Minister of Works and Housing, Babatunde Fashola (SAN), spoke with newsmen in Abuja on the fate of the All Progressives Congress (APC) after the Muhammadu Buhari presidency, what his Ministry has been doing about decrepit federal roads across the country, among other issues. Senior Deputy Editor, TAIWO AMODU, was at the interview session. Excerpt:
You have been passive in the politics of APC. Let us discuss 2023: which of the camps or tendencies seeking for the presidential ticket do you belong? Secondly, can you give us an appraisal of the APC Caretaker Committee in terms of performance?
Which camps are we talking about now, where do I belong? I belong to a party, APC and it is committed to good governance because I think the best politics is good governance. The beauty of it for me is the opportunity it gives to impact peoples lives. We have elections only once in four years but we have responsibility to provide good governance everyday and that’s the culture.
Now in terms of of the Caretaker Committee, perhaps this is a good opportunity. The first meeting of APC don’t forget, what became APC, the first meeting was convened in my official residence in Lagos, 11 of us and some of you were asking what we were doing, 11 governors and I said you just watch but after that there is a bigger responsibility.
Winning the election is not the challenge, it is delivering the governance that is the big deal and that’s what I am committed to do. So you see at that time, some people, we have party officers some people decided that we wanted to be Chairman, Secretary, Treasurer, Publicity Secretary, we voted for them. That’s what they choose.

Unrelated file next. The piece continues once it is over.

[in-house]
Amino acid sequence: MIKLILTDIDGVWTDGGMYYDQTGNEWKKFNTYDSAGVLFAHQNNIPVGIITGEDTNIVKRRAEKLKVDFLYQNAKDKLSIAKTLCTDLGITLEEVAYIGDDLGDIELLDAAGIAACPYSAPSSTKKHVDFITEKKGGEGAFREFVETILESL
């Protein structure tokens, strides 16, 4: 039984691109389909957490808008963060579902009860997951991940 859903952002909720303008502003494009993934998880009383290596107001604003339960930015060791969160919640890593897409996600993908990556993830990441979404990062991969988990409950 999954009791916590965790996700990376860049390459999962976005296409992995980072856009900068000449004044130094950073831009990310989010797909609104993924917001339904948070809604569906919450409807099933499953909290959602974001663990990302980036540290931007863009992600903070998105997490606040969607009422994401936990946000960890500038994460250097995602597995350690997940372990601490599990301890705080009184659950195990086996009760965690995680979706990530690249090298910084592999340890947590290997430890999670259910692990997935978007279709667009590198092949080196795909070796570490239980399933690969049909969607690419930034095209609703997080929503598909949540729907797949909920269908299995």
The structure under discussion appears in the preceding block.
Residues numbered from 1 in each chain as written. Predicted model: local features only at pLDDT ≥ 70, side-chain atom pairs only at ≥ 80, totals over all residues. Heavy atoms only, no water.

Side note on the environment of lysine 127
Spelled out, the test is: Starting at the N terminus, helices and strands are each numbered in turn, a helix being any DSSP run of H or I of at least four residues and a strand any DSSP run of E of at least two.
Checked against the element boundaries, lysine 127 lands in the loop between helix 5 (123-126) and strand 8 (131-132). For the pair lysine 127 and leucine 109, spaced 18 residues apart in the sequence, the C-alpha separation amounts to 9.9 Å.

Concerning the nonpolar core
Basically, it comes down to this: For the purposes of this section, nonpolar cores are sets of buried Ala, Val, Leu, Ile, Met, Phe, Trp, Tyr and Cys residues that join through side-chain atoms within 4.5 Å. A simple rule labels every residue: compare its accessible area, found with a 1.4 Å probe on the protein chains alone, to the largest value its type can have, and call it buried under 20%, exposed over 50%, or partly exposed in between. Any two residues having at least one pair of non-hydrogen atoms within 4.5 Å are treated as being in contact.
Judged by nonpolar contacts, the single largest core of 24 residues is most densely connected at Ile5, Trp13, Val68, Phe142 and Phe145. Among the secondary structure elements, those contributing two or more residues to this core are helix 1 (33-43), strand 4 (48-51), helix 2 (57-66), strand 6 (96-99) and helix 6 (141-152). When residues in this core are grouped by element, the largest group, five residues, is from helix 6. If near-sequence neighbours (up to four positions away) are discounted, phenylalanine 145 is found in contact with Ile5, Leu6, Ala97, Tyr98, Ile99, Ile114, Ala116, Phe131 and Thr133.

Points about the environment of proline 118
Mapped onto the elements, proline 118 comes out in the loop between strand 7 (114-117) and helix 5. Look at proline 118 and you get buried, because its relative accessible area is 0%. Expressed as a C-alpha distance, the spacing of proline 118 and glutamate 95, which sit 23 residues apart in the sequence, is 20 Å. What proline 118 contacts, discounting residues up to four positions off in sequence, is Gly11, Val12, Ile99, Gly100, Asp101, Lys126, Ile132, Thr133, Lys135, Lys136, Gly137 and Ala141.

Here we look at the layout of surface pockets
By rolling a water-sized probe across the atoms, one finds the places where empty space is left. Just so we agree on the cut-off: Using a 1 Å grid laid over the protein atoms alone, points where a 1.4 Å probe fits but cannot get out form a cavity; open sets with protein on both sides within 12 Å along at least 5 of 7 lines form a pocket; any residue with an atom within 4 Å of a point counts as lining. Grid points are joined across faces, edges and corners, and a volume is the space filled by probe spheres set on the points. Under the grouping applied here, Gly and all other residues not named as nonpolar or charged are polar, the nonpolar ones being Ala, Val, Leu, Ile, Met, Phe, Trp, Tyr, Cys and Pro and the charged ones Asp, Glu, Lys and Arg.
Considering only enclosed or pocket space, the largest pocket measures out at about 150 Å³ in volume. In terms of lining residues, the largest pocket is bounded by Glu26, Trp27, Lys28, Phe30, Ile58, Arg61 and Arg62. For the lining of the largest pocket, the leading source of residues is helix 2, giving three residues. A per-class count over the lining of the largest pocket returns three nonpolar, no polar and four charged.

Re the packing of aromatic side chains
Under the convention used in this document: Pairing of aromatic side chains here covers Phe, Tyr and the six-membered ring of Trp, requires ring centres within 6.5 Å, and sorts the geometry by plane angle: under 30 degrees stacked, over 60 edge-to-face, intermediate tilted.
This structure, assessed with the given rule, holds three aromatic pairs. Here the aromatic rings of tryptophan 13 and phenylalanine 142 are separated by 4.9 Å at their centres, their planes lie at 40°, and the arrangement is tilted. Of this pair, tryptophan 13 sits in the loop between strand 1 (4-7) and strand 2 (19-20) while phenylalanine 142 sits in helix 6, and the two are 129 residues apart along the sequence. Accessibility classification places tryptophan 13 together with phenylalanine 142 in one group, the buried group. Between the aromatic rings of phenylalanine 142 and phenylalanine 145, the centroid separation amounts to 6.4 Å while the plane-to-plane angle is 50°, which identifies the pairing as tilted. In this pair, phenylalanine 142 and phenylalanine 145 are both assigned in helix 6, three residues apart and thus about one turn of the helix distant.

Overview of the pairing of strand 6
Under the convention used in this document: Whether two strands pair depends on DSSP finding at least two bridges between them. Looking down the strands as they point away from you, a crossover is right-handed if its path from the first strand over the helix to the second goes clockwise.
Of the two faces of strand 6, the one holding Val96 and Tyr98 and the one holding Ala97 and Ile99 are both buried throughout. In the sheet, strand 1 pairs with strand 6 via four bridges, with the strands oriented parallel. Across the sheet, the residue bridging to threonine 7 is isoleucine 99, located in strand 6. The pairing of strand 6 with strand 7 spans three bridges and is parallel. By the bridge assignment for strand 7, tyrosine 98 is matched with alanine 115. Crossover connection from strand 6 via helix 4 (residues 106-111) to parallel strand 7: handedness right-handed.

If there is a crisis that has now led us to have a caretaker committee, we must also respect the Caretaker Committee, let it do its job. Those of us who didn’t contest to hold party offices let’s focus on our jobs too and stop barging in each other’s room. So, every support that the Caretaker Committee requires we will provide if it’s within our reach to do so. I am in touch with him ( Governor Buni) at the end of the day we are governed by rules. I know quite a number of them on a personal basis. So let’s support them to achieve the immediate mandate of their responsibility and they brought some stability at least we won an election.
There is the perception out there that the APC might not be able to retain the Presidency post 2023 general elections. What is your take on the fate of APC post Buhari presidency?
To retain power in 2023, certainly if we keep our promises, it is that simple. That’s politics. If you do what you said you will do even if you don’t do 100% and they see that you are making progress, they will even want you to finish some of what you started.
Our opposition has to think better than us in order to defeat us. Right now they are not doing that. When it’s election time they should come and meet us.
What is your take on the zoning of 2023 presidency? There has been controversy that no zone will be foreclosed after Buhari would have spent eight years of the North?